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Strategic training vital

SUSTAINED EFFORTS The future of South Africa’s infrastructure depends on the sustained efforts to foster a skilled, innovative and adaptable engineering workforce

FRIEDRICH SLABBERT This commitment to lifelong education is critical in an industry where technological and methodological advancements are frequent and rapid

14th June 2024

By: Simone Liedtke

Creamer Media Social Media Editor & Senior Writer


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As South Africa continues to invest in its infrastructure, the role of institutions such as civil engineering industry body the South African Institution of Civil Engineering (SAICE) in providing high-quality training will remain pivotal.

The future of South Africa’s infrastructure depends on the sustained efforts of organisations such as SAICE to foster a skilled, innovative and adaptable engineering workforce, says SAICE 2025 president-elect Friedrich Slabbert, who adds that through SAICE’s comprehensive training programmes and strategic collaborations, the industry body not only enhances the capabilities of individual engineers but also contributes significantly to the country’s enhanced engineering skills.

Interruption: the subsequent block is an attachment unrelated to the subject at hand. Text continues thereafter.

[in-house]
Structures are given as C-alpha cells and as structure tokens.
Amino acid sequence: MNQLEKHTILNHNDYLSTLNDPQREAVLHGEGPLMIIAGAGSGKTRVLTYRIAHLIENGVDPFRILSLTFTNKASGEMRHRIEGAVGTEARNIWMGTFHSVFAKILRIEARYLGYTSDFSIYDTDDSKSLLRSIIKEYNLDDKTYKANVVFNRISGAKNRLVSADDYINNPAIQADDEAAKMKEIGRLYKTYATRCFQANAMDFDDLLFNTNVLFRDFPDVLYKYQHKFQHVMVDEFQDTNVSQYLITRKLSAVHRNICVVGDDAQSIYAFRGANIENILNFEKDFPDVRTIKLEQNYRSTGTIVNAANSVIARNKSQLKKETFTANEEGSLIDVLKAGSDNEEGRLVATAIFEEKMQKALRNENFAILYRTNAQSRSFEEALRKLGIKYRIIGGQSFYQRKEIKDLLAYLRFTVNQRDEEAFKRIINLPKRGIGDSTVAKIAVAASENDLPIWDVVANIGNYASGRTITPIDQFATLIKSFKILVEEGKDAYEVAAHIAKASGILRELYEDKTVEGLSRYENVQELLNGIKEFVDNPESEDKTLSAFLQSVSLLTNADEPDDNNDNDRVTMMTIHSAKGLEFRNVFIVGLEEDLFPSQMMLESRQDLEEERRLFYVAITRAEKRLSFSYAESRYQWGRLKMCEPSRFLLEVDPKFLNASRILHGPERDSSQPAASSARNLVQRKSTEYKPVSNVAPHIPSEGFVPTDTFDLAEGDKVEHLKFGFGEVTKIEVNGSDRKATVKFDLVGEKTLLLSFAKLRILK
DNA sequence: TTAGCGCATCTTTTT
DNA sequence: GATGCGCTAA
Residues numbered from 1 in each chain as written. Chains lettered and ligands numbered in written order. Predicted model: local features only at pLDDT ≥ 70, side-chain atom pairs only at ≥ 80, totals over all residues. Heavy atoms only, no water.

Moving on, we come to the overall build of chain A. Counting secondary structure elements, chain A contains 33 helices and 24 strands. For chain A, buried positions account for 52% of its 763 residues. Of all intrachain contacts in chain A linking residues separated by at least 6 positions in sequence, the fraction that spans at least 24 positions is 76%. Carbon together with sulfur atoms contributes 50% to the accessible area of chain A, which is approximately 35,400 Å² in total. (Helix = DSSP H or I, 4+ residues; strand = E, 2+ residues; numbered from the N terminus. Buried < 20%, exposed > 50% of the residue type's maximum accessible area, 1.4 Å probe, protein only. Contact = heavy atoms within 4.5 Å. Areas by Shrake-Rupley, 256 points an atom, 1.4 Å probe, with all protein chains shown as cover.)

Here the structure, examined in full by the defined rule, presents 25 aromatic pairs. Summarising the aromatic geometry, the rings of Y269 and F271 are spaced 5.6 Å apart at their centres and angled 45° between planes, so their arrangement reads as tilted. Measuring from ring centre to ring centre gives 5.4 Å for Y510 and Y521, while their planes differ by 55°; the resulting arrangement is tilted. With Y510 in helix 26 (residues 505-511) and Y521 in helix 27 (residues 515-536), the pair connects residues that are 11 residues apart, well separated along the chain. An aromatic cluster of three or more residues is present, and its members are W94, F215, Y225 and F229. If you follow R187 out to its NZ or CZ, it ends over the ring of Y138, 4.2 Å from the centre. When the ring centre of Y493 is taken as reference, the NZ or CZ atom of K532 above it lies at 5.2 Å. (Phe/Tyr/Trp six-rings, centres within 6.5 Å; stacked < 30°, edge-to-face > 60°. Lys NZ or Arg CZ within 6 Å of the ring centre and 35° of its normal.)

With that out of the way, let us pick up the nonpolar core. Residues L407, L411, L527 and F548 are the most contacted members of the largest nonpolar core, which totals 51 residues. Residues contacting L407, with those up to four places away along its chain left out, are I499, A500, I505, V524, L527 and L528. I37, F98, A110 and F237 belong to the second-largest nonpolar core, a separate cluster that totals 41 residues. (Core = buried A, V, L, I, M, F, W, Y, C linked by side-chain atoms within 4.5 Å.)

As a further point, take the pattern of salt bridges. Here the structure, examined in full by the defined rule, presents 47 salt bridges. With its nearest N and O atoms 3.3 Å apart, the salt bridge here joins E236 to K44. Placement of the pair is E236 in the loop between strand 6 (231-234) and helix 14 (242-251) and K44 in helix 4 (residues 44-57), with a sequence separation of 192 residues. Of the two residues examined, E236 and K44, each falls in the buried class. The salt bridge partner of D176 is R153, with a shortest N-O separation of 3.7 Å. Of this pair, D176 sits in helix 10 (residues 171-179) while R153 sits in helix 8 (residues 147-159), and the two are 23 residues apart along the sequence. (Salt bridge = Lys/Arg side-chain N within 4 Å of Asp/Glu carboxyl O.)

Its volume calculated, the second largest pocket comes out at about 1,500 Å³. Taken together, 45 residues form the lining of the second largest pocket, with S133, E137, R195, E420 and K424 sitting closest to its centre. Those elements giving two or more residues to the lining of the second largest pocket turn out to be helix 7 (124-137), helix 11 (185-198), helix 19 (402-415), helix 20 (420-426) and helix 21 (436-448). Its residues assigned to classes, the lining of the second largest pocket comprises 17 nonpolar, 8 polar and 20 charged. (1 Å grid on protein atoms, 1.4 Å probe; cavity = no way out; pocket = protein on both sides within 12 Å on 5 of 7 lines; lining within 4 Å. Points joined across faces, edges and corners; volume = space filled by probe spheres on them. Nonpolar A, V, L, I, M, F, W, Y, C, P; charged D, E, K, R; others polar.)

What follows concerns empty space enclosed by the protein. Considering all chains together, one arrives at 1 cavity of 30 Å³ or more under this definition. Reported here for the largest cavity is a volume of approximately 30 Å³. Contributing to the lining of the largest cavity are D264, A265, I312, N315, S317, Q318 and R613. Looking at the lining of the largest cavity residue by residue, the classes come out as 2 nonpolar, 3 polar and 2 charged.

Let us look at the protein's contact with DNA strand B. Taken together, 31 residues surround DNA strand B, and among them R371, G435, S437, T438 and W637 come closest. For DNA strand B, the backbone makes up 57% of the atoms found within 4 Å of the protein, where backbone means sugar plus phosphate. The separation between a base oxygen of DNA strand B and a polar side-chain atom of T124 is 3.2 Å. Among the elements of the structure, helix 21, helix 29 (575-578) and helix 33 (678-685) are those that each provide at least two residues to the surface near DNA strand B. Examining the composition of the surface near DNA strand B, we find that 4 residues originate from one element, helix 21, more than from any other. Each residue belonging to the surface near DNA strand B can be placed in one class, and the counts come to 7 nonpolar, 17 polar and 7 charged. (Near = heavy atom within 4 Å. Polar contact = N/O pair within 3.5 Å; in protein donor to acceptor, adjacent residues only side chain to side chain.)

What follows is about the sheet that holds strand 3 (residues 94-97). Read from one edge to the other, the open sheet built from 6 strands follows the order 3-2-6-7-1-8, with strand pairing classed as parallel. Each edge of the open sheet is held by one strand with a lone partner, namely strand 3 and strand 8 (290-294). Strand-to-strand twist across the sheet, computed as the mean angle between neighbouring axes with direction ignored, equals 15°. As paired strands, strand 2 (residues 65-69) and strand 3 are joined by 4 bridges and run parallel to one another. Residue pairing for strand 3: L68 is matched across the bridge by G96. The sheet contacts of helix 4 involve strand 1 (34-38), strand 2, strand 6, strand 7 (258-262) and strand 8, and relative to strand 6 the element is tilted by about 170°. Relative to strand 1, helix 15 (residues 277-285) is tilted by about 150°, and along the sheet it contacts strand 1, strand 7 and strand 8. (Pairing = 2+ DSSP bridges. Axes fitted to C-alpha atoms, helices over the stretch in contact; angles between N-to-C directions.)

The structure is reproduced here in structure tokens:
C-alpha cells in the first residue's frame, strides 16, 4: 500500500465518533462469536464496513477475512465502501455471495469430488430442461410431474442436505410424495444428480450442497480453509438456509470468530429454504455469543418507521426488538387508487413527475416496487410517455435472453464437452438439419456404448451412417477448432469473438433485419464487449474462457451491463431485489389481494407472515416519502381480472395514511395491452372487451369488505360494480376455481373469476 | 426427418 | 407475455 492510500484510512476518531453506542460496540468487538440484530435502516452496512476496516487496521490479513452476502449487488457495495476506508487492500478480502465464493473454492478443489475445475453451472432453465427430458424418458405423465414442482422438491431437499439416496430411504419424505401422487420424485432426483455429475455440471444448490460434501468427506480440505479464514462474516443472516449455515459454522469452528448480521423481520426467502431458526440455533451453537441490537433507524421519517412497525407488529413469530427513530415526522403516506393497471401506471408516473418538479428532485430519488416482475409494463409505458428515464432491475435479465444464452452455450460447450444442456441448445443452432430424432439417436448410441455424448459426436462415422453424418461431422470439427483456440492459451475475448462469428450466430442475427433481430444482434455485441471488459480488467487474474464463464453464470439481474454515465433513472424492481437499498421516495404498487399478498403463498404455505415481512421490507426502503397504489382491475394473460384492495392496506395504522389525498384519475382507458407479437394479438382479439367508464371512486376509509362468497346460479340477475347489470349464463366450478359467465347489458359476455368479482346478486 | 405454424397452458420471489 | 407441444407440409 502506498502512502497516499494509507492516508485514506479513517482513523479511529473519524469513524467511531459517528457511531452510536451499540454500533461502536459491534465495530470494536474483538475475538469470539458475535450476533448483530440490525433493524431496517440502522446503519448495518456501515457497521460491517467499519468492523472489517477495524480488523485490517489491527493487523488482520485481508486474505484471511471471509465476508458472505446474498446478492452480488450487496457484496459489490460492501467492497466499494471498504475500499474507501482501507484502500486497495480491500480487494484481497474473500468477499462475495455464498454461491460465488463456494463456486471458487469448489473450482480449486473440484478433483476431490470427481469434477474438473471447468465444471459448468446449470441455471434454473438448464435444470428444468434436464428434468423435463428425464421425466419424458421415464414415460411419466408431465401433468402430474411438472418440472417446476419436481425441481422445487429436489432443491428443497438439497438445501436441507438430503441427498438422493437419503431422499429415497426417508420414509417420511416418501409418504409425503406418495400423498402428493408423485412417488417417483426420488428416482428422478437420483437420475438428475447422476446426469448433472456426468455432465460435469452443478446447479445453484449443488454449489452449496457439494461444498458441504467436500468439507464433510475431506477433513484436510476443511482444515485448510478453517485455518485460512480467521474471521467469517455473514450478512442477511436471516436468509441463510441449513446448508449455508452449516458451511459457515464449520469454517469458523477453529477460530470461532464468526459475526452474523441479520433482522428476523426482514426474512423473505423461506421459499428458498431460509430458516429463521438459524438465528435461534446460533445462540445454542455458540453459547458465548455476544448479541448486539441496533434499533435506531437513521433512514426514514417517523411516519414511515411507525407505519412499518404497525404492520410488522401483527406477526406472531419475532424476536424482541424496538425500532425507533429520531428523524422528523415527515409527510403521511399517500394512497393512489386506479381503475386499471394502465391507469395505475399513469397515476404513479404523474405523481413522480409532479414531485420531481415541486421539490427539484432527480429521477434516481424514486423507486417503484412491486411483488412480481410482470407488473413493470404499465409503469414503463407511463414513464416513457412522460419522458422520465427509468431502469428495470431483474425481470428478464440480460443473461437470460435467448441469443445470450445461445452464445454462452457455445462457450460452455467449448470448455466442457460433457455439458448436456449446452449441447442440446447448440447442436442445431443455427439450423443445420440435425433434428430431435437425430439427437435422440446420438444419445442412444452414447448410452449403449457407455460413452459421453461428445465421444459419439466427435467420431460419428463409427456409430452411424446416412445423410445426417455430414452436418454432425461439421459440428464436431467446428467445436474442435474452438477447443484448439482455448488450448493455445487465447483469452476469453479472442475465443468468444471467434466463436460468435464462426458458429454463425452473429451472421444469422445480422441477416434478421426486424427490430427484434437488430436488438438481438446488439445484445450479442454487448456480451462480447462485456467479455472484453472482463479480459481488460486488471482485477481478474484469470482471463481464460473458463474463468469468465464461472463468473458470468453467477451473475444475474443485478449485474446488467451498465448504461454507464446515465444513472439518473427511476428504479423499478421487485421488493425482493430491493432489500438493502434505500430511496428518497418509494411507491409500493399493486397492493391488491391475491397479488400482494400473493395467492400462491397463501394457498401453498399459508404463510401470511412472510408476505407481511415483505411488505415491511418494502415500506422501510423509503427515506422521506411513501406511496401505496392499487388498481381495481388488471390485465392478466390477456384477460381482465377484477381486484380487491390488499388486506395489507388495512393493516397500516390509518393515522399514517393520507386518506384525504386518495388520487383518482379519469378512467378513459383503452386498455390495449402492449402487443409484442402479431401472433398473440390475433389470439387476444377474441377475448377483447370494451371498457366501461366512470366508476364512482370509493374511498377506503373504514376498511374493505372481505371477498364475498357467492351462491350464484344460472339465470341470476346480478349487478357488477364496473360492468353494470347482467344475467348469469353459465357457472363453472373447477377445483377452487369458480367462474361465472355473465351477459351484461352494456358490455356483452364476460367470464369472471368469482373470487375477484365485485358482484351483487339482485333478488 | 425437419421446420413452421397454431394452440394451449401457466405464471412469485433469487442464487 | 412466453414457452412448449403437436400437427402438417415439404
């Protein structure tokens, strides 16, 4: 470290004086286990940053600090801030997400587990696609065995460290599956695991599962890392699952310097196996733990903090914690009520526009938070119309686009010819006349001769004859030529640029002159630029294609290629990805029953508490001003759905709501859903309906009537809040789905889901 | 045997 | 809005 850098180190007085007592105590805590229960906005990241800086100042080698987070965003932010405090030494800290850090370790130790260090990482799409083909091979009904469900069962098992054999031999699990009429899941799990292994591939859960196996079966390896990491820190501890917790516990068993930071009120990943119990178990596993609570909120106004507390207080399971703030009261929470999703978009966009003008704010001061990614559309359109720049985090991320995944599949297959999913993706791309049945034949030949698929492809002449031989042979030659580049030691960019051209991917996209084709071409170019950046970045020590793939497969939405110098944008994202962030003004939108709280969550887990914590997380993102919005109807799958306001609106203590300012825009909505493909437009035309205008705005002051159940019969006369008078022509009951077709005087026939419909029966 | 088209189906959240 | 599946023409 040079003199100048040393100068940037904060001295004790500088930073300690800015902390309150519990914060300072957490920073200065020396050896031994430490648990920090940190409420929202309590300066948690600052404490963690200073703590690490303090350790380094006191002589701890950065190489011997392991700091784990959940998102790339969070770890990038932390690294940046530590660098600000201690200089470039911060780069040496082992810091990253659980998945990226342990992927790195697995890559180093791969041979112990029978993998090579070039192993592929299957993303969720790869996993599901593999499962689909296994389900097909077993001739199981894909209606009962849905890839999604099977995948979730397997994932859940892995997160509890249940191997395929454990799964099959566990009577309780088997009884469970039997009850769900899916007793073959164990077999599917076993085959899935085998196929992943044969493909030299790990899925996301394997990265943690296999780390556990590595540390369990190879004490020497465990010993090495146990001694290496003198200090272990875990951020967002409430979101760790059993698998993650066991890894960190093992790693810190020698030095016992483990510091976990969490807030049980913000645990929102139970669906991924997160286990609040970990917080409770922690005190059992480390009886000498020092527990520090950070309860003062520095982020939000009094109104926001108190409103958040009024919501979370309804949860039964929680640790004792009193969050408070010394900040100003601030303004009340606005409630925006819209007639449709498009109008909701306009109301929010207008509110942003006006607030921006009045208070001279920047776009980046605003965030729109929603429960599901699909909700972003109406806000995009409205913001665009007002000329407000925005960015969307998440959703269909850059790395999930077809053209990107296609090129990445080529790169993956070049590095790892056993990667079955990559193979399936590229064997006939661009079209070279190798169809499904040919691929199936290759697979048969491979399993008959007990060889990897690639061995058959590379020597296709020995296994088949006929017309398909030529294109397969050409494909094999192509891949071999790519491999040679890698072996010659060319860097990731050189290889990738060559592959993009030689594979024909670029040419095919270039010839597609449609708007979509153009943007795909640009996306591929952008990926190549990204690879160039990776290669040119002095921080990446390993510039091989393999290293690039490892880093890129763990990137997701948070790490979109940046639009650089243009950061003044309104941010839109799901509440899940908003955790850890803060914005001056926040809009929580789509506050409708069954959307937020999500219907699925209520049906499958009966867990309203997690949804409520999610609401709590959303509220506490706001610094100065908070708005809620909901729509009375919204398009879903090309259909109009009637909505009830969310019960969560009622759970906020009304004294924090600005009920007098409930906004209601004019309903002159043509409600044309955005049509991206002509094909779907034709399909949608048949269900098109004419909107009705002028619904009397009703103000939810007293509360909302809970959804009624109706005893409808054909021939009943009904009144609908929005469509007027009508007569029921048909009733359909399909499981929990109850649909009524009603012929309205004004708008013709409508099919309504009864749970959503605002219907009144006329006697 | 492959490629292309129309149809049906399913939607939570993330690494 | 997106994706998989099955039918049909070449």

In recognising the pressing need for skilled professionals in the roads and bridges construction sector, SAICE has implemented several robust training programmes aimed at equipping engineers with the necessary skills to meet the country’s infrastructure demands.

The range of training programmes is designed to enhance both the technical and managerial skills of civil engineers, and includes workshops, seminars and courses that cover various aspects of civil engineering, from the fundamentals to advanced topics.

One of the key training initiatives is the continuing professional development (CPD) programme, which Slabbert says ensures that engineers remain updated with the latest industry standards and technological advancements.

Additionally, SAICE offers specialised training programmes that cater to different stages of an engineer’s career. From young graduates entering the workforce, to experienced professionals seeking to refine their skills, Slabbert notes that SAICE’s training portfolio is designed to support career-long learning.